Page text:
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Verdigris is one of the words that is a lot less familiar than what it stands for. “A coating of verdigris forms naturally on copper and copper alloys such as brass and bronze when those metals are exposed to air,” the dictionary tells me. “Some American English speakers may find that they know it best from the greenish-blue coating that covers the copper of the Statue of Liberty.” I’m intrigued by the the word “some” in that sentence. Possibly that’s a rabbit hole that might not be in service of what I’m after here, namely to write about the new book by Harold Strak.

In a number of ways, Verdigris does not fit neatly into the current world of the photobook. It’s not topic based, and ideas of narrative are very far. Instead, it’s entirely concerned with photography itself.

Of course, there is a lot of work right now that focuses on photography itself. The vast bulk of that is what I think of as “Akademiefotografie” or “photography for the academy:” it’s made in academic settings (art schools) for academic audiences (peers and teachers, and then curators). It’s usually very good — and, at the same time, very soulless. Sometimes, I like looking at it. But mostly I don’t: photography for the academy is much too concerned with winking at those who are already in the know.

You couldn’t say this about this book and the work it showcases. In fact, it’s the complete opposite of Akademiefotografie. I have never met Harold Strak and I know nothing about him. But looking at this book I’m thinking that he really loves photography and what it does. You could cut out any of the pages from this book (not that I would encourage that) and hang it on a wall.

Obviously, you could do that with many other photobooks as well. But here, you’d look for a nice, understated frame — maybe something you’d find in a thrift shop, and you’d have something precious on your wall.

“Precious” is a very good word for the book itself as well. It’s published by Van Zoetendaal. “[P]hotography in print,” their website says, “must be optimally lithographed and printed so that it ‘becomes a new form of vintage.’” A new form of vintage — when you receive a book made by Willem van Zoetendaal in the mail, it usually feels as if you’re receiving something that has always been around, possibly to have been ignored or underappreciated until just now.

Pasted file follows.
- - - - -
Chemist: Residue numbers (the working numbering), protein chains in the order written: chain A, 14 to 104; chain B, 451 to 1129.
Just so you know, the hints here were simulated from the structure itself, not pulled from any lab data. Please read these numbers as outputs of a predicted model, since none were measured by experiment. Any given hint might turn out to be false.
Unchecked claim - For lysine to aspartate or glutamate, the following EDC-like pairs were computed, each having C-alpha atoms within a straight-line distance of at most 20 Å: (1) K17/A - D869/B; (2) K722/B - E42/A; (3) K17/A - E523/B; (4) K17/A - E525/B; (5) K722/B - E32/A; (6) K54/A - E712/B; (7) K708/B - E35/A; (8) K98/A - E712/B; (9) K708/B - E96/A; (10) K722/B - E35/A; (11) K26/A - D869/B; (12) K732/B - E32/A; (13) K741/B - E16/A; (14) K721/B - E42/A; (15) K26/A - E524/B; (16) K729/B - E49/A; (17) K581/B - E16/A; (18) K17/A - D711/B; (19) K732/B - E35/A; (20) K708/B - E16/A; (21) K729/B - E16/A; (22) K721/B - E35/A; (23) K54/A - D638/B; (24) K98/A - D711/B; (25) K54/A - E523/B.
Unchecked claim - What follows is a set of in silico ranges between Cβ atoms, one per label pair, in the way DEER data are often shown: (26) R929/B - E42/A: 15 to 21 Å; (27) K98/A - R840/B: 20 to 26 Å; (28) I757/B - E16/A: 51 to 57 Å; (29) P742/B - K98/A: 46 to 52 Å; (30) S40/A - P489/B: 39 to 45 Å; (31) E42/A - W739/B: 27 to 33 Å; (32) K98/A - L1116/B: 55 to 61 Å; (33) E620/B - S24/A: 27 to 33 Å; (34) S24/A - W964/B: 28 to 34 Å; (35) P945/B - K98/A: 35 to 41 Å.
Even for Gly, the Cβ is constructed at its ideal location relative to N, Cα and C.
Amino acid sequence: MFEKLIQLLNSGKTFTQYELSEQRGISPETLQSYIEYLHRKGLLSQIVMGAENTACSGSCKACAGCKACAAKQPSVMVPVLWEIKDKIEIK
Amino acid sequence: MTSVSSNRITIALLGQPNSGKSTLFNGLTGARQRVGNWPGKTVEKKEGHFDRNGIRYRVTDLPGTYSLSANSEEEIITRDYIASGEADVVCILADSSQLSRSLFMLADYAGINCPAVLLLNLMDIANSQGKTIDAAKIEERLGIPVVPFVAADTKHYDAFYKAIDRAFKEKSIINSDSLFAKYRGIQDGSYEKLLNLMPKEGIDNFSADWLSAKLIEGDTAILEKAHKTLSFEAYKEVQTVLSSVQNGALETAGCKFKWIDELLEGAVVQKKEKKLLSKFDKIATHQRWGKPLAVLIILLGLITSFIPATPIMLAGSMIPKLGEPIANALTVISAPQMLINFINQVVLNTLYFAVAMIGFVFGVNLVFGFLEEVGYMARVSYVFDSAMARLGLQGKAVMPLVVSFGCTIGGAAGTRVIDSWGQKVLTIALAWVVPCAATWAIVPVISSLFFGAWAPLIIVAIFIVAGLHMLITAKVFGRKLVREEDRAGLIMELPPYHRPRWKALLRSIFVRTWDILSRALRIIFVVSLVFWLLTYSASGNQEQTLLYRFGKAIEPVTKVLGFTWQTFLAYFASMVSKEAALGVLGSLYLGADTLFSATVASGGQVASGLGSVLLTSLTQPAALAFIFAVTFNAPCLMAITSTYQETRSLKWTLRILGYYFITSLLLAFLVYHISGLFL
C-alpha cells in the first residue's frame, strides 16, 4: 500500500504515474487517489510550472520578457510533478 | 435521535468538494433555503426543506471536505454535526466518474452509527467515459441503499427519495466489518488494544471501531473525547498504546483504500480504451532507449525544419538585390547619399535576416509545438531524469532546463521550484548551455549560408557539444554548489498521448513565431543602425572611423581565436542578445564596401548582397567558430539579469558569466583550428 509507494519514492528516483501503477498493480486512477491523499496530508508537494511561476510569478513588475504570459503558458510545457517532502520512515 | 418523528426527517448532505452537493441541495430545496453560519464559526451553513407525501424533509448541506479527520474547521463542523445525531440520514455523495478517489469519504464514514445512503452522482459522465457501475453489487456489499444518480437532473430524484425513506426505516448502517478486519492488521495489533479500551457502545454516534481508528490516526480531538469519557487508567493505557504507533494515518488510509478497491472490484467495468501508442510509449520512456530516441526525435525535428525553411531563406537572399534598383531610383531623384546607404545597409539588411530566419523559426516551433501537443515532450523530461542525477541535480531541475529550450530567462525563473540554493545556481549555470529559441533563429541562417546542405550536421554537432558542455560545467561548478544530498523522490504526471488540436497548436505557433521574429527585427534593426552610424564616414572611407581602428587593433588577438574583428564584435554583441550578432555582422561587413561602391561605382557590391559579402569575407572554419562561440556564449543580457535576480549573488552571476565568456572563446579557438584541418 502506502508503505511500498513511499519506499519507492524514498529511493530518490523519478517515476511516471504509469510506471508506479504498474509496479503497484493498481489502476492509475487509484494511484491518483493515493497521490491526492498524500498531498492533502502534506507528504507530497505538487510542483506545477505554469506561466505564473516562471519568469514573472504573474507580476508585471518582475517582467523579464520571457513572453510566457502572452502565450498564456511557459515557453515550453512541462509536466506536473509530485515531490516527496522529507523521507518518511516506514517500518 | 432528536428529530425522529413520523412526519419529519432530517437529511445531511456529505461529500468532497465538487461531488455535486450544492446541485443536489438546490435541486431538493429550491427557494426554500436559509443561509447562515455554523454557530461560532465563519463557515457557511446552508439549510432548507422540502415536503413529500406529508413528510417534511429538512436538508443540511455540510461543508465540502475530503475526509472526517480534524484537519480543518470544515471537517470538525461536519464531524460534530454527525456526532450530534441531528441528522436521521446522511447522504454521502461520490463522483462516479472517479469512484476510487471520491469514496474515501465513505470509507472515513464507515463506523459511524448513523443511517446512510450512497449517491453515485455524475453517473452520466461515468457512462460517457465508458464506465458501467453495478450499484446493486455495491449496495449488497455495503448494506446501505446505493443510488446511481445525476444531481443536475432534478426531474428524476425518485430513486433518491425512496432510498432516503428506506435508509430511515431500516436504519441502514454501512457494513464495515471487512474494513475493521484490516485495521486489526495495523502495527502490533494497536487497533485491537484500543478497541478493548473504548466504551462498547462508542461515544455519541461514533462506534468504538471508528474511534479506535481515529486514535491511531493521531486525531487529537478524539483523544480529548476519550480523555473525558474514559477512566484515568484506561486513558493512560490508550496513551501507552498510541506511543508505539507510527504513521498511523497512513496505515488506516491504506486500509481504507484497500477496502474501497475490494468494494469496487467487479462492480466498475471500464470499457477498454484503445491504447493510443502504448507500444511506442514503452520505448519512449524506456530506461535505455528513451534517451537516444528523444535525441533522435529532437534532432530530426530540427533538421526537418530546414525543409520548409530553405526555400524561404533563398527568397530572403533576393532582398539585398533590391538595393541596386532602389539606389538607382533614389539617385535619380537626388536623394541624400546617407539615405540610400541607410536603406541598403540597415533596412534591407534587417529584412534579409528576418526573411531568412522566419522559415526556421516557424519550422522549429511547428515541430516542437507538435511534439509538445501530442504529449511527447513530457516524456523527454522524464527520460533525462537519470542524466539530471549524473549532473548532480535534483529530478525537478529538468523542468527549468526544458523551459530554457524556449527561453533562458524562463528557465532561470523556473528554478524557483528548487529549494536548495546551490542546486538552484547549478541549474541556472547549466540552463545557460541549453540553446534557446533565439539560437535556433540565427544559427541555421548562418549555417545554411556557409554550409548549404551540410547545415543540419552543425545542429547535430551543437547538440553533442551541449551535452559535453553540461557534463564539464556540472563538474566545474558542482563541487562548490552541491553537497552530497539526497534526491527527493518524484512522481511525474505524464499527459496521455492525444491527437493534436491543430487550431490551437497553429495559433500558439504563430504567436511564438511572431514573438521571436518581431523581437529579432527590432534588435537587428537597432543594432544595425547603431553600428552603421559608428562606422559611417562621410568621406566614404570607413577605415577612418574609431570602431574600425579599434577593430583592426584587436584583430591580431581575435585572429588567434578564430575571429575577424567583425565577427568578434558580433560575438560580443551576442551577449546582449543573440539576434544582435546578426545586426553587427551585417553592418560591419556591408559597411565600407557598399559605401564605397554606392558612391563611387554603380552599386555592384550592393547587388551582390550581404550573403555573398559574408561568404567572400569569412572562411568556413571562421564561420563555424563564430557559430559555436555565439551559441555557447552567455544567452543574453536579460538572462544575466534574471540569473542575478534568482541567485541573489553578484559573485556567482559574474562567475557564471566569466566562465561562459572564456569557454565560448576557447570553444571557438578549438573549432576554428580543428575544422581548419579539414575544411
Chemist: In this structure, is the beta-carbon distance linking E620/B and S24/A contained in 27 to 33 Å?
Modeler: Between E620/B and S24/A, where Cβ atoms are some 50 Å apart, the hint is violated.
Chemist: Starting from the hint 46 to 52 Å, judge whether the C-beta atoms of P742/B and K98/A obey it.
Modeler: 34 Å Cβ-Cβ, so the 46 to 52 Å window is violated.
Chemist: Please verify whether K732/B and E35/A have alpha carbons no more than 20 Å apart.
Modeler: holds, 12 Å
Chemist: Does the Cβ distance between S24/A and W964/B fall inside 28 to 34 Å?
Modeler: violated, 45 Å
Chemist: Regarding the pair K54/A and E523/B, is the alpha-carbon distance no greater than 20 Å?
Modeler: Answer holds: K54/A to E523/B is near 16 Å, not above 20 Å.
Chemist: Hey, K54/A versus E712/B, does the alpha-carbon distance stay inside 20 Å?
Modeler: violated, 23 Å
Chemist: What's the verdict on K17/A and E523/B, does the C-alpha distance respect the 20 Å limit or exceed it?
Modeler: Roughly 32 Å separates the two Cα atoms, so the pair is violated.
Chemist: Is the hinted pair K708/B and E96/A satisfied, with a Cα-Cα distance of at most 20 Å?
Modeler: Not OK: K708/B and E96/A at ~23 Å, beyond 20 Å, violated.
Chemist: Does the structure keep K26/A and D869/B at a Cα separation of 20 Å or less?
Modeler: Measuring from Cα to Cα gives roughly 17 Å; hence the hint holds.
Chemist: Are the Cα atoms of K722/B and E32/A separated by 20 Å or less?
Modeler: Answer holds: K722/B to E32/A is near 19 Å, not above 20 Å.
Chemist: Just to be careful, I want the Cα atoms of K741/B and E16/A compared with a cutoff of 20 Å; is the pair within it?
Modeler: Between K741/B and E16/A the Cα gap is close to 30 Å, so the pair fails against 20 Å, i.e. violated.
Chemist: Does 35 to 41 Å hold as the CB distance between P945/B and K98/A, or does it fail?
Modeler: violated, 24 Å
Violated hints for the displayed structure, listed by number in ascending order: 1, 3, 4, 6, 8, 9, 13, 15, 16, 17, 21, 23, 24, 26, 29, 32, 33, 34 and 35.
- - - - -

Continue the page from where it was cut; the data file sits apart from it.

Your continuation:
In fact, many of the objects depicted in the book were ignored and certainly underappreciated before they were photographed. Strak took pictures of 15,000 objects found during an archeological dig in Amsterdam. Those photographs made it into Amsterdam Stuff, which I reviewed here. Some of these pictures (a very small number of them, compared with the original set) are now included in Verdigris.

In addition, there are a number of pictures of Amsterdam itself: views of canals, of buildings, of trees (occasionally through what looks like a large studio window). I have been to Amsterdam a number of times, and I was struck to what extent these photographs transported me back, re-immersing me in this peculiar city’s atmosphere. Much like any of the cities that I enjoy returning to, my fondness for Amsterdam in part derives from it being attractive as a city only to some extent. It has its pretty corners, but there’s also the grime of life — the thing that makes a city interesting for me.

There’s something somewhat disconcerting about this book. There’s a difference between looking at a photobook and writing about it. But mostly, there is a convergence between those activities: to be able to write about a book, I need to look at it. During the process of writing, this looking can become almost obsessive, in particular if words fail to arrive. Books thus mostly lead me to the words.

Here, though, any time I pick up the book to get over a moment of being stuck, the photography doesn’t lead me to new words. Instead, it makes me think about something else. I’m not necessarily the biggest fan of art writing that focuses on its own discontent or its own process. So I’m finding myself slightly annoyed right now about doing it myself.

But I do think that the fact that this book resists being written about by me points at something: the photographer’s enjoyment of making pictures and the publisher’s enjoyment of making an finely crafted book translate into this viewer wanting to be immersed in it without having to think too much about what it all means, let alone having to try to convey it to strangers. I suppose that’s what I was trying to get at before when I wrote that the book “does not fit neatly into the current world of the photobook”.

Verdigris is a book of exquisite beauty where you’d expect none to exist. For example, in one spread, there’s a photograph of what looks like a flattened spider encased in a web (some other spider’s?) against a black background next to a picture of an old shoe, photographed to show its sole. Given this description, it might be hard to imagine that the pairing would be beautiful. But it is. Throughout the whole book, there is a lot of that kind of beauty.

What this all comes down to is the following. If you love photobooks, you should get yourself a copy of Verdigris. It combines the best of photobook production with a much needed reminder that there is joy to be had in photography. It’s the joy of seeing what photographs can do when they’re done well.

This strange combination of photographs taken by Harold Strak takes us deep into the photographer’s mind while making us think about how we connect to what is on view.

Highly recommended.

Verdigris; photographs by Harold Strak; essay by Vrouwkje Tuinman; 120 pages; Van Zoetendaal; 2022

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